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When Duane Gautier first came to Anacostia from his native New York City, to intern for a congressman in 1961, the neighborhood was thriving: Most every shopfront filled, and owner-occupied.
When he returned in the early 1980s to work for Pepco, that healthy bloom had wilted. The riots had driven out much of the neighborhood’s economic base, and jobs were as scarce as the small businesses that once supplied them.
Since then, Gautier has been working to build back Anacostia’s economic infrastructure, starting ARCH Development Corporation in 1983 with startup funds from Pepco to train area residents in energy efficiency work (green jobs before they were fashionable). Over three decades now, the small nonprofit has devoted itself to housing, job training, and small-scale business development. Gautier’s latest project: Revamping storefronts on Martin Luther King Avenue and Good Hope Road, with grants from the Department of Housing and Community Development, which sits smack at the intersection of those two faded commercial avenues.
“If you can improve the physical appearance of a community, that in itself says, you’re on the rise,” he says, as we start a tour of the neighborhood last Saturday morning. Right next to the Anacostia Business Center on Good Hope Road is a the Honfleur Gallery, the epicenter of a colony of new galleries in the area, all started as part of a cultural development strategy to draw investment—as models, Gautier points to Soho and Chelsea in New York, which built their reputations as destinations for the arts. After a stint helping to start artists coops in Siberia in 1991, Gautier has handled harder conditions than Anacostia.
We turn east along Good Hope, to the corner of 13th Street, where a handsome yellow building sits empty. Designs call for the façade to be painted green, in preparation for a new sit-down café started by a guy named Lavel Sanks, who made dinners at an ARCH evening program for pre-adjudication youth before deciding to start his own place. The café will serve breakfast and lunch on Friday, Saturday, and Sunday to start, solving the problem of families who have nowhere to go eat after church—Big Chair Coffee and Grill is all very well and good, but post-worship dining calls for something a notch more formal.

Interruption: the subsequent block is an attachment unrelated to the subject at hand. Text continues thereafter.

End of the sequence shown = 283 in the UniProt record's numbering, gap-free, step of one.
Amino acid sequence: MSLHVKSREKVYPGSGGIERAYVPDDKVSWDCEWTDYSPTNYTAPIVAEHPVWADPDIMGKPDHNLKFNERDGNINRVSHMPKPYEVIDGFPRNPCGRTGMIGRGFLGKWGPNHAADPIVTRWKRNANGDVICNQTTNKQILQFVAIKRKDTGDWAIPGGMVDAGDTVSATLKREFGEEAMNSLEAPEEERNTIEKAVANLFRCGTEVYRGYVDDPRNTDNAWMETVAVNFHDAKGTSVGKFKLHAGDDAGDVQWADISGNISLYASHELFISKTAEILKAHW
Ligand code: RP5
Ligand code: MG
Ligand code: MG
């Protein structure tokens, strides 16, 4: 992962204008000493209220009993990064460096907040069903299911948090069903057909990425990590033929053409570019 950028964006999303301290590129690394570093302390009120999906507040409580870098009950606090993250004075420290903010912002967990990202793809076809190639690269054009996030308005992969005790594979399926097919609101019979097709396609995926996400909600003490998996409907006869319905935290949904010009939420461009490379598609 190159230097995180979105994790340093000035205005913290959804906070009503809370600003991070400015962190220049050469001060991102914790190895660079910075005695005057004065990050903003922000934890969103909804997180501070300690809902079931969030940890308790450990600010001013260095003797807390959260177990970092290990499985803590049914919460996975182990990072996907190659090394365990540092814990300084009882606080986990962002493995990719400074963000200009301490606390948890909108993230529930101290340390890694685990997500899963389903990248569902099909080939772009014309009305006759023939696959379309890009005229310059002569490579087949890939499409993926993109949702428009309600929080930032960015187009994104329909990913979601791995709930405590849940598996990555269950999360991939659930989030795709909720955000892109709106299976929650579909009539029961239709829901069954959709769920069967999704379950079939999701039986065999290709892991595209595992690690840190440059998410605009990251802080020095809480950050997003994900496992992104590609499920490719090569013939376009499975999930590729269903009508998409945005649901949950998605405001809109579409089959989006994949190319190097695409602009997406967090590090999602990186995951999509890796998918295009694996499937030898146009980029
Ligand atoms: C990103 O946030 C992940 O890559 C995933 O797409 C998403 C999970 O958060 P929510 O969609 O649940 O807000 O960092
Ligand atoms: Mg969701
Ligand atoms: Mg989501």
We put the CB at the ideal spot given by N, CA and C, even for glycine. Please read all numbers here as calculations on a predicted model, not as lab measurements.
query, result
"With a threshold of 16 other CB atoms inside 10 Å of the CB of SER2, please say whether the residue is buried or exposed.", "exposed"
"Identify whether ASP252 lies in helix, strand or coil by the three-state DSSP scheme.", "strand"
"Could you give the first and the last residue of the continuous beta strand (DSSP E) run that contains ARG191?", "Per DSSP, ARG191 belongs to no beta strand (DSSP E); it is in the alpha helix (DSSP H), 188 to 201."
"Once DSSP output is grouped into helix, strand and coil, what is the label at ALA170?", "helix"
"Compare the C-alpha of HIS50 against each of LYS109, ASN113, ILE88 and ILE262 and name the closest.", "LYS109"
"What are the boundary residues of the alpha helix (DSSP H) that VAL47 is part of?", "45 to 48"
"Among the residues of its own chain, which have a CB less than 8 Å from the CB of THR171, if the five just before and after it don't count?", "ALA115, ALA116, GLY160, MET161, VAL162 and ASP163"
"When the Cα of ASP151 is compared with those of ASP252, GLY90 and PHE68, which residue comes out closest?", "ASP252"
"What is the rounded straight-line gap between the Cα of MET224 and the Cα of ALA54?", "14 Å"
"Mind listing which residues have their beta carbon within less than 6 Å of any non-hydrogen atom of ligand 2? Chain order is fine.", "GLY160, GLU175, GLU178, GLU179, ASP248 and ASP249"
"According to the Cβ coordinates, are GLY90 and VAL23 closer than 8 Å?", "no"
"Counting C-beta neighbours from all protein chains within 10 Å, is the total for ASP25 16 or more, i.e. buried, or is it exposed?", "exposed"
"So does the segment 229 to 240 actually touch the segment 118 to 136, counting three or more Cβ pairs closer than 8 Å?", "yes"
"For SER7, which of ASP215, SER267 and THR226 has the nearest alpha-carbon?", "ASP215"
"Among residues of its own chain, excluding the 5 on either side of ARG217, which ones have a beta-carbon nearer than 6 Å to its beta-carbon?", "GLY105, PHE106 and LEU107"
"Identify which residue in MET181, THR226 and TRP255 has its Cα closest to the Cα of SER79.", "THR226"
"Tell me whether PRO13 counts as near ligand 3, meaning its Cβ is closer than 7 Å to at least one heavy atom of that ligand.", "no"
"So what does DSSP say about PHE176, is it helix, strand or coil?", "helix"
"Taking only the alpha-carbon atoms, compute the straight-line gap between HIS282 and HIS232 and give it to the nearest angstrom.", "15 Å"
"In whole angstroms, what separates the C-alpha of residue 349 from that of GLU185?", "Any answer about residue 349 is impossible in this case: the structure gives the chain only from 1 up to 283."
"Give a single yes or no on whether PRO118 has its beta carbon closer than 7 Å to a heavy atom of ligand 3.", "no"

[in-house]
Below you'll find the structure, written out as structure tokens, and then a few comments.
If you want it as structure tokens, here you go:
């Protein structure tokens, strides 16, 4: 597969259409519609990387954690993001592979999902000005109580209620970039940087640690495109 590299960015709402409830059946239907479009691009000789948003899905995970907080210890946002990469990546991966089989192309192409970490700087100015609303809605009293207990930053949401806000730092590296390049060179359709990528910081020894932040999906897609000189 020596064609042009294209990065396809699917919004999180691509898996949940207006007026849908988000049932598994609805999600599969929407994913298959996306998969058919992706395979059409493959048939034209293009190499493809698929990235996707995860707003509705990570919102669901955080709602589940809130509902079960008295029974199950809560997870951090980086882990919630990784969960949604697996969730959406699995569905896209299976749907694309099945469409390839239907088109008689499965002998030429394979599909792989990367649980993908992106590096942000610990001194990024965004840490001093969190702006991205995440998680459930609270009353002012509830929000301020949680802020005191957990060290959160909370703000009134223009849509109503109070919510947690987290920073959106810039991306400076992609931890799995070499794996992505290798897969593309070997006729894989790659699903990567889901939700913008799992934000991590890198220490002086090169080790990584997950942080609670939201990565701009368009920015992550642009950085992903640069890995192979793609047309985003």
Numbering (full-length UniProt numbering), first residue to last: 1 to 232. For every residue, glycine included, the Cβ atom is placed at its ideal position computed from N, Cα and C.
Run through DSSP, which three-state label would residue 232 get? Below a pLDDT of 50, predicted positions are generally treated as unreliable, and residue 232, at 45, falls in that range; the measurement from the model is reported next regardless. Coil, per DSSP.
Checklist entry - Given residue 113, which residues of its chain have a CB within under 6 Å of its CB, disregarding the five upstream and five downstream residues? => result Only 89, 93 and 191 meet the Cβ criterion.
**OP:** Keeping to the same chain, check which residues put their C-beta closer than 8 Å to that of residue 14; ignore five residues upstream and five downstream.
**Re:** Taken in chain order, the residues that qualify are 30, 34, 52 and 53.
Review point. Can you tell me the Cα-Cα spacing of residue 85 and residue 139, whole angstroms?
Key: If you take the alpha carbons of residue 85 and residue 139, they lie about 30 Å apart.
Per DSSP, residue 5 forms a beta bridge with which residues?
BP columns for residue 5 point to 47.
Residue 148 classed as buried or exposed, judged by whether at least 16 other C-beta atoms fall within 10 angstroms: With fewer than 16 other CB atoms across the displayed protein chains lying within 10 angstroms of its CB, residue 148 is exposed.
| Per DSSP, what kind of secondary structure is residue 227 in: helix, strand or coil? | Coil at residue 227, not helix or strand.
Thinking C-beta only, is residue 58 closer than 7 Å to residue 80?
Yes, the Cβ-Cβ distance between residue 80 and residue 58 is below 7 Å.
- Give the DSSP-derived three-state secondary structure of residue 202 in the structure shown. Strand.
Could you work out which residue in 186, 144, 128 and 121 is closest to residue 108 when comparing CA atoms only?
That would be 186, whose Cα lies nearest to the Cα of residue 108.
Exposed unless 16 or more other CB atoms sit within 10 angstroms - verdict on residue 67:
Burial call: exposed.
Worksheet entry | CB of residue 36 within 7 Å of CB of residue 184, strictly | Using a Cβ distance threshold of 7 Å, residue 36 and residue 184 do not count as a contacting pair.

We turn back west, Gautier moving quickly despite his 68 years—his whiteness notwithstanding, he belongs there as much as anyone else going about their business this cool morning. Rounding the corner onto MLK Avenue, we paused to admire the blue-paint-and-wood installation that covers up empty storefronts. DHCD recently bought the property, and a few more along MLK, which Gautier thinks may have had something to do with the agency’s relocation to the neighborhood a few years ago. Recently, he spotted DHCD director Leila Edmonds and D.C. Commission on the Arts and Humanities director Gloria Nauden chatting on the corner.
“It wasn’t that they totally ignored Anacostia,” he says. “But now that they’re here, they understand the benefits.” DHCD also bought the Big K properties further up the street, but the historically protected houses are going to take a lot of money to put back into productive use.
Next stop: ARCH’s new baby, the Hive. They came up with the idea for a business incubator six months ago, worked with Curtis Properties to get low rent, and are now in the middle of building out the two-story building. The private offices are already taken, but you can still get a membership for the shared workspace. All the advertising is being handled by Nikki Peele of Eat Shop Live Anacostia, the $15,000 branding effort that’s also promoting existing businesses on the strip (Gautier’s take on the much better funded MidCity effort: “$200,000 to do a marketing campaign? It’s not Coca Cola. It’s a neighborhood.”)
Moving on, we passed Big Chair coffee, which will be getting new sculptures of chairs stuck on poles projecting up from the roof. Gautier is particularly excited about the Jasmine’s Hair Gallery building, which will be restored in accordance with an 1892 photograph. The DHCD grant covers 80 percent of the design and construction costs, with either a landlord or a business expected to make up the difference.
Our last stop is something of a departure from Gautier’s upscale ambitions for Anacostia: Distad’s Tire, which has operated there for 35 years, and isn’t particularly inviting. But they wanted a makeover too, so they got it.
“People say this shouldn’t be here. Well, it is,” Gautier says. “Obviously you don’t want to kick them out, but you want to make them look nice.”
ARCH’s success comes not from attracting multimillion dollar development deals or massive city projects. Instead, it’s making connections with people like Lavel Sanks, to start bringing back the small-scale vibrance that characterized the neighborhood decades ago.
“What we’re trying to do is bring it back to what it was,” Gautier says.